Data – who are we ‘gold-plating’ for?

Onto the next report, which is on data management.  The main thrust of this is that teachers should stop being encouraged to spend hours ‘gold-plating’ i.e. measuring everything, collecting everything, ‘evidencing’ everything – all just in case an inspector (whether the Ofsted variant, or the school’s attempted facsimile thereof) will pop in and ask for it.  The report’s same line applies here as to marking, issued with Humean boldness and brevity: “If the hours spent do not have the commensurate impact on pupil progress: stop it.”

This raises the question: who do we collect the evidence for?  The authors of these reports clearly don’t think all Ofsted inspectors are currently singing from the same hymn sheet, or at the very least that they’re not perceived to be.  Their tune was officially changed (I mean, clarified) in 2015 when Ofsted issued a statement which could be subtitled “We are not the bad guys you say we are.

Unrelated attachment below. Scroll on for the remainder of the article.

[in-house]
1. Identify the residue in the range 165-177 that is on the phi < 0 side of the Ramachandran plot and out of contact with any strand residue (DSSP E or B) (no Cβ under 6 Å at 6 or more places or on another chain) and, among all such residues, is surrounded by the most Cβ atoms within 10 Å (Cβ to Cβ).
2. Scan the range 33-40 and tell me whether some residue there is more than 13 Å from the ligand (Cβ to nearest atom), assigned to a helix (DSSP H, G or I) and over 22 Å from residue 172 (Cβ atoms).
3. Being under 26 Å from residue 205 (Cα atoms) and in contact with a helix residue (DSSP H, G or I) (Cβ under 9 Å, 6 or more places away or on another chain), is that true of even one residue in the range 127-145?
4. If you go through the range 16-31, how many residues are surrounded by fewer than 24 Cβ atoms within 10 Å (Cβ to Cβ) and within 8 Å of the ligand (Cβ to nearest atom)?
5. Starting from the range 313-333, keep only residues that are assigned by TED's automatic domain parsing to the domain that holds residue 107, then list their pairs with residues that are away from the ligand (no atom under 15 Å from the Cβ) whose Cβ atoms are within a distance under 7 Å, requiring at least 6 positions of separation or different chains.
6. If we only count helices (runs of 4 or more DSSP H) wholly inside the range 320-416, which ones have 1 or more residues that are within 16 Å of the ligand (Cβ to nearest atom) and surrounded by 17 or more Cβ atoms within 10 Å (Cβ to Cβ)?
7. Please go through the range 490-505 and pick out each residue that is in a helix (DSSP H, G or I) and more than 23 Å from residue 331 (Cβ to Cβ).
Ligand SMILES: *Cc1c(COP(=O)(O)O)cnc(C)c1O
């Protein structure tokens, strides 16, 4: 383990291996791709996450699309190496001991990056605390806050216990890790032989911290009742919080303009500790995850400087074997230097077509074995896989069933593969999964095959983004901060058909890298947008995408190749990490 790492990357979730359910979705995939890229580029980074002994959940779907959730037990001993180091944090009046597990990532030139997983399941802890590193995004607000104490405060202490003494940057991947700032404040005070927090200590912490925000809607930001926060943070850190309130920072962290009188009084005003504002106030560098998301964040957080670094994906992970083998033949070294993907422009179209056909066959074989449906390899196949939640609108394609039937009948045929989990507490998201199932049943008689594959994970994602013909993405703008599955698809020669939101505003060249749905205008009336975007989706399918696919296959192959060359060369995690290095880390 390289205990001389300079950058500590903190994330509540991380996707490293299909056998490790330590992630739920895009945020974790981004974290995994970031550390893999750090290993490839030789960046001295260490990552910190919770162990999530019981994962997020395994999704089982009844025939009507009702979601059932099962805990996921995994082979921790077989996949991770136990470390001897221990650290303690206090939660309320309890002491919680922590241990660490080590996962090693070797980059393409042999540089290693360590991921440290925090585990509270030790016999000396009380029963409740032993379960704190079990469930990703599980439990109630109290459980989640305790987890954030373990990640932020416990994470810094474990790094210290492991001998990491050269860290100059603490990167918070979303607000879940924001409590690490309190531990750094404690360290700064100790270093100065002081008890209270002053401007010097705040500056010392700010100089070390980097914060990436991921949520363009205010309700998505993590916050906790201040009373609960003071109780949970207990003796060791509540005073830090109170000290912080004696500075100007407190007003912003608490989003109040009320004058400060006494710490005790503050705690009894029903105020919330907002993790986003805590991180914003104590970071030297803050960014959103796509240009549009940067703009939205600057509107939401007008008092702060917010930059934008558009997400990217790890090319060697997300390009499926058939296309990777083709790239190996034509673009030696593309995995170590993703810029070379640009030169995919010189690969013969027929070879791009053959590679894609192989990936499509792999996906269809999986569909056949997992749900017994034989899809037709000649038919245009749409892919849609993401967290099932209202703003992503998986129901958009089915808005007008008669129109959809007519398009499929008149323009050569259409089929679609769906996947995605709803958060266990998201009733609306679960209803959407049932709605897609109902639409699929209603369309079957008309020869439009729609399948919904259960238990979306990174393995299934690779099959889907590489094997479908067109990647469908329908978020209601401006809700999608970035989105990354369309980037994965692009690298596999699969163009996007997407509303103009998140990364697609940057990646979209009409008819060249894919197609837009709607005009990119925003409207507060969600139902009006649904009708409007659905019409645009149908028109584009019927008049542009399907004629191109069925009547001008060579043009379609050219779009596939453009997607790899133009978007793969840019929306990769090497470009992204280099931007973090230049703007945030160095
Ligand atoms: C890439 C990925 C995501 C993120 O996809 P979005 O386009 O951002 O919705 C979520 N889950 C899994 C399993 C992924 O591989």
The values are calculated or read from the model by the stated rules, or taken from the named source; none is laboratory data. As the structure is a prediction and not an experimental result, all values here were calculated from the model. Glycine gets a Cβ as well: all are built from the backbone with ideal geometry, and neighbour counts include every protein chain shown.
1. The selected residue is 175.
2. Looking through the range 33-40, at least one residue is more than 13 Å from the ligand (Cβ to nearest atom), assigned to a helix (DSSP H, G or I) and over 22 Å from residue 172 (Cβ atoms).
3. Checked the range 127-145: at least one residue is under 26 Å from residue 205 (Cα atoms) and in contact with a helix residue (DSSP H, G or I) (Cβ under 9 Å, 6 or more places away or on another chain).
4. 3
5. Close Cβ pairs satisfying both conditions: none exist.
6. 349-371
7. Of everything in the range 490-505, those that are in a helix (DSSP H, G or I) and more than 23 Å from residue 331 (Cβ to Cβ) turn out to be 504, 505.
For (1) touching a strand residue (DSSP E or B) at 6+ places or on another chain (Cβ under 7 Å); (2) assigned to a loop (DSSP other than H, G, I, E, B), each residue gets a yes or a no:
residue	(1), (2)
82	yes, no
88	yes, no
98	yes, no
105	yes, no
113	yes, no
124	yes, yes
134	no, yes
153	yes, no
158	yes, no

So if Ofsted aren’t looking for the coloured pens and the gold-plated data, who is?  On the face of it, school leaders and heads of department are.  But I’m sure they would pass the buck back and say that ultimately Ofsted want to see something demonstrating good pupil progress and teacher impact, and these are the best models they have for doing so.   We operate in a system which places a high priority on accountability and evidencing, where there is a strong incentive to stick with defensive strategies such as deep-marking and gold-plating.  The same strategies which, when applied over-zealously, grind teachers down.

What we need are more counter incentives to reduce teacher workload and prioritise wellbeing.  As the report acknowledges, school leaders “must have the confidence to reject decisions that increase burdens for their staff for little dividend.”

A fresh incentive?